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El-Bey v. Menefee

United States District Court, M.D. Alabama, Eastern Division

October 27, 2014

WALTER-EL ALKEMET SHAKUR EL-BEY, Plaintiff,
v.
ALFONZA MENEFEE, et al., Defendants.

RECOMMENDATION OF THE MAGISTRATE JUDGE

CHARLES S. COODY, Magistrate Judge.

Before the court is the amended motion for summary judgment (Doc. 47) filed by Defendant Tuskegee University. Having considered the motion, the court concludes that it is due to be granted. Further, the court concludes that all claims against Tuskegee University are due to be dismissed with prejudice, and that Tuskegee University is due to be dismissed from this action.

I. Standard of Review

A. Summary Judgment

"Summary judgment is appropriate if the pleadings, depositions, answers to interrogatories, and admissions on file, together with the affidavits, if any, show there is no genuine [dispute[1] as to any material fact and that the moving party is entitled to judgment as a matter of law.'" Greenberg v. BellSouth Telecomm., Inc., 498 F.3d 1258, 1263 (11th Cir. 2007) (per curiam) (citation omitted); Fed.R.Civ.P. 56(a) ("The court shall grant summary judgment if the movant shows that there is no genuine dispute as to any material fact and the movant is entitled to judgment as a matter of law."). The party moving for summary judgment "always bears the initial responsibility of informing the district court of the basis for its motion, and identifying those portions of the [record, including pleadings, discovery materials and affidavits], which it believes demonstrate the absence of a genuine [dispute] of material fact." Celotex Corp. v. Catrett, 477 U.S. 317, 323 (1986). The movant may meet this burden by presenting evidence which would be admissible at trial indicating there is no dispute of material fact or by showing that the nonmoving party has failed to present evidence in support of some element of its case on which it bears the ultimate burden of proof. Id. at 322-324.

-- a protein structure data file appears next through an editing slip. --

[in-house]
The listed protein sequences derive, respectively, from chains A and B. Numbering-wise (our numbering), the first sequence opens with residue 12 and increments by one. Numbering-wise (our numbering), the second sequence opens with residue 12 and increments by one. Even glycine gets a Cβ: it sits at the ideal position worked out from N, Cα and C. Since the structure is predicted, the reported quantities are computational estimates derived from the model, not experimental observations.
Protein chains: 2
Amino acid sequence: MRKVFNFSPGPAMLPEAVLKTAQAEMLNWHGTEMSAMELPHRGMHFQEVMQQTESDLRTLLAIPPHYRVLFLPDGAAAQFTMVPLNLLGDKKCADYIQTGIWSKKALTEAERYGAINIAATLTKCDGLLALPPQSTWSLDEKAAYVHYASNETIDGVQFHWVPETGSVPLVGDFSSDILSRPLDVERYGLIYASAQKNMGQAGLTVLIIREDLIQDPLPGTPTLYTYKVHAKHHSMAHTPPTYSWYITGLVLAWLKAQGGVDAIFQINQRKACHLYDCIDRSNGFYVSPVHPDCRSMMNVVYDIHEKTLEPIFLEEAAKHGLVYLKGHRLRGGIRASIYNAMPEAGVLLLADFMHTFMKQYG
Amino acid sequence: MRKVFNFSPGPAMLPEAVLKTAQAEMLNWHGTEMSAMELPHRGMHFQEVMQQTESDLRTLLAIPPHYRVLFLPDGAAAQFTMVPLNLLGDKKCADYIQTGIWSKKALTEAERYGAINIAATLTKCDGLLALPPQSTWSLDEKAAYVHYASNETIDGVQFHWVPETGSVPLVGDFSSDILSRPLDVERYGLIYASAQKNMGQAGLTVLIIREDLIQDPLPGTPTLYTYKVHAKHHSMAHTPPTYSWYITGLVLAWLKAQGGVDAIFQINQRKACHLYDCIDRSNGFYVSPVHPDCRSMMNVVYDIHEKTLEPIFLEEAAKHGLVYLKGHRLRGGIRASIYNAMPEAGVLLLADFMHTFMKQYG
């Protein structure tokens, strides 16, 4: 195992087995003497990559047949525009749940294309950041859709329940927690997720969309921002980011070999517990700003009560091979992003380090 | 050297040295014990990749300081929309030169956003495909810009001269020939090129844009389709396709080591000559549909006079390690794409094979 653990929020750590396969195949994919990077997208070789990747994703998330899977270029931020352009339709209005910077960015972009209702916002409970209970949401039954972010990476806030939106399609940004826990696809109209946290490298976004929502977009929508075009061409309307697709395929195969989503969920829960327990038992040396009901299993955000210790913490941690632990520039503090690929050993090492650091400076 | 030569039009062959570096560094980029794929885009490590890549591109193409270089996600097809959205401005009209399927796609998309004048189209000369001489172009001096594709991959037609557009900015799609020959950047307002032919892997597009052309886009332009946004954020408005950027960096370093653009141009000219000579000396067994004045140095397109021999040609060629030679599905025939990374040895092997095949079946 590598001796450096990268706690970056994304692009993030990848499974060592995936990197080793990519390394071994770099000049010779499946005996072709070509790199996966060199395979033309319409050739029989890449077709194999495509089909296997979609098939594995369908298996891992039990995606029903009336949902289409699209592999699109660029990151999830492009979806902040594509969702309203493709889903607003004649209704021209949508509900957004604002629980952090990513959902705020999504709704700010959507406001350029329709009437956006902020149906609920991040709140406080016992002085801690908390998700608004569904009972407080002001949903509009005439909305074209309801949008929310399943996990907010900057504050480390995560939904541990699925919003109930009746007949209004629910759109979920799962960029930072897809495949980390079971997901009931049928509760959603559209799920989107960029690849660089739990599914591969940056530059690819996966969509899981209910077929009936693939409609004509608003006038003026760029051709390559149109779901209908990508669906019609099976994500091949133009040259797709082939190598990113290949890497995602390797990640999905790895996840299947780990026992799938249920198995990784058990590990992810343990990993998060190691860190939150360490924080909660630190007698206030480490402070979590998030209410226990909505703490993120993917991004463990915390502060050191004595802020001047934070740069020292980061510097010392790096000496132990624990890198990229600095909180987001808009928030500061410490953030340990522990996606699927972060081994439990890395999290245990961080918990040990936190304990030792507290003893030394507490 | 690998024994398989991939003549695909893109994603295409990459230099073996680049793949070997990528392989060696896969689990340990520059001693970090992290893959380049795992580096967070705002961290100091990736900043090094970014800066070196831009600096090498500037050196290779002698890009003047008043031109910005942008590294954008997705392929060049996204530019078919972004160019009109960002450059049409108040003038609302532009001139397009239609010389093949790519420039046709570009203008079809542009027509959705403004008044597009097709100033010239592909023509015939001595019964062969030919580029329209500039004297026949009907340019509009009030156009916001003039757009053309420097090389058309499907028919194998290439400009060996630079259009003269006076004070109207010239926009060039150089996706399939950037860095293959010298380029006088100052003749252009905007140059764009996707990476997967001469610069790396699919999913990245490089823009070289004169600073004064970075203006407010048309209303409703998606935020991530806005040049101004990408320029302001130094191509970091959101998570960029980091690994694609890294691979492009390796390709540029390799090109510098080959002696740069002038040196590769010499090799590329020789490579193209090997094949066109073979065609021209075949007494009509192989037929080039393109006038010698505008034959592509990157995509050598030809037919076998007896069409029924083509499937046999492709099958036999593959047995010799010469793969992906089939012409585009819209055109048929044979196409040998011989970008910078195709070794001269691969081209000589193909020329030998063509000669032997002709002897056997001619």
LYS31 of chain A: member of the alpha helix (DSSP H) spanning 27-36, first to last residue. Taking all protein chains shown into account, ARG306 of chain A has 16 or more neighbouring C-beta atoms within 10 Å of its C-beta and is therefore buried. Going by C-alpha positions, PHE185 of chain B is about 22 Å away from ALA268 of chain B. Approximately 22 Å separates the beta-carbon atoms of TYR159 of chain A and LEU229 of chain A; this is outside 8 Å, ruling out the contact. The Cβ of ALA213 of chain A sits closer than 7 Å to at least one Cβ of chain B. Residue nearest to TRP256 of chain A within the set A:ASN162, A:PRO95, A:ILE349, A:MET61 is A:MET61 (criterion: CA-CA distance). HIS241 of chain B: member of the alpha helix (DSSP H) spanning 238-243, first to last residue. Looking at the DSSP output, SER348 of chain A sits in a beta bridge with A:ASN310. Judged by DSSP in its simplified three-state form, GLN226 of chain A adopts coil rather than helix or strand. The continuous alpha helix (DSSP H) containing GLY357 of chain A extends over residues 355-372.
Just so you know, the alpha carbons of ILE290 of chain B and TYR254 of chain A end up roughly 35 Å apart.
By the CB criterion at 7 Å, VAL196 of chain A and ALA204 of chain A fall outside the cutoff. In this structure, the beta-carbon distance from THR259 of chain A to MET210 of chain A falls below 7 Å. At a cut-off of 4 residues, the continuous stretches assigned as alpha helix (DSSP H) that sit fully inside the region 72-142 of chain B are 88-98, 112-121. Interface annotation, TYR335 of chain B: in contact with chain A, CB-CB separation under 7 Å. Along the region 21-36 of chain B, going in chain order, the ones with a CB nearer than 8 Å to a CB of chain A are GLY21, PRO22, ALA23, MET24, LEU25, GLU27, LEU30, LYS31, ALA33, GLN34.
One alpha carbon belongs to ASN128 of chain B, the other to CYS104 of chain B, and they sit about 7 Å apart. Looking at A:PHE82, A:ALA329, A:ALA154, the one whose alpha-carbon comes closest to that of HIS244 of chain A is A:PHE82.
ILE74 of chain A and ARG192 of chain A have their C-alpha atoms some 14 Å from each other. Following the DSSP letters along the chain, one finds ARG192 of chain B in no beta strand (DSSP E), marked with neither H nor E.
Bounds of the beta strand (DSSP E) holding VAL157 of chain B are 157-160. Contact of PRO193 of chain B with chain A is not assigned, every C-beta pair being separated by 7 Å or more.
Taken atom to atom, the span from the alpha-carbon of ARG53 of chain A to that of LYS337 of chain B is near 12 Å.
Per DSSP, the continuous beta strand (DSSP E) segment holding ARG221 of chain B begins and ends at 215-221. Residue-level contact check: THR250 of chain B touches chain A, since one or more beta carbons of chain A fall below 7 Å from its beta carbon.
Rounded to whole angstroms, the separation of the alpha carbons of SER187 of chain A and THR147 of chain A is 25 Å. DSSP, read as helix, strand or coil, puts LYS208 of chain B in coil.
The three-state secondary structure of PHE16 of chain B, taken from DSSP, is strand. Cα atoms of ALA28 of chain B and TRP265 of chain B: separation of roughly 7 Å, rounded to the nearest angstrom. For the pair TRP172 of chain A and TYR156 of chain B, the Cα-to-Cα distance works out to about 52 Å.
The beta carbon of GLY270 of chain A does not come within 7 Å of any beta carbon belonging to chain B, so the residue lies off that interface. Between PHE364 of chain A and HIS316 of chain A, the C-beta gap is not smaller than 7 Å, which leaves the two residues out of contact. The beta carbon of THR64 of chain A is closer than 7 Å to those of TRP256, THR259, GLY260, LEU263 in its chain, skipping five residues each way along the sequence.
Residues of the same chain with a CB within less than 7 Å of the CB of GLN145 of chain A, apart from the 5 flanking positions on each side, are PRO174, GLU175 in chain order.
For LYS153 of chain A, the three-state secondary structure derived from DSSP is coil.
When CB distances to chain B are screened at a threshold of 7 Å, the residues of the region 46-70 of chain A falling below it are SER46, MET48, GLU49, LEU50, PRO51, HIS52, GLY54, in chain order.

Once the movant meets his evidentiary burden and demonstrates the absence of a genuine dispute of material fact, the burden shifts to the non-moving party to establish, with appropriate evidence beyond the pleadings, that a genuine dispute material to his case exists. Celotex, 477 U.S. at 324; Clark v. Coats & Clark, Inc., 929 F.2d 604, 608 (11th Cir. 1991); see also Fed.R.Civ.P. 56(c) ("A party asserting that a fact cannot be or is genuinely disputed must support the assertion by: (A) citing to particular parts of materials in the record, including depositions, documents, electronically stored information, affidavits or declarations, stipulations (including those made for purposes of the motion only), admissions, interrogatory answers, or other materials; or (B) showing that the materials cited do not establish the absence or presence of a genuine dispute, or that an adverse party cannot produce admissible evidence to support the fact."). A genuine dispute of material fact exists when the nonmoving party produces evidence that would allow a reasonable fact-finder to return a verdict in its favor. Greenberg, 498 F.3d at 1263.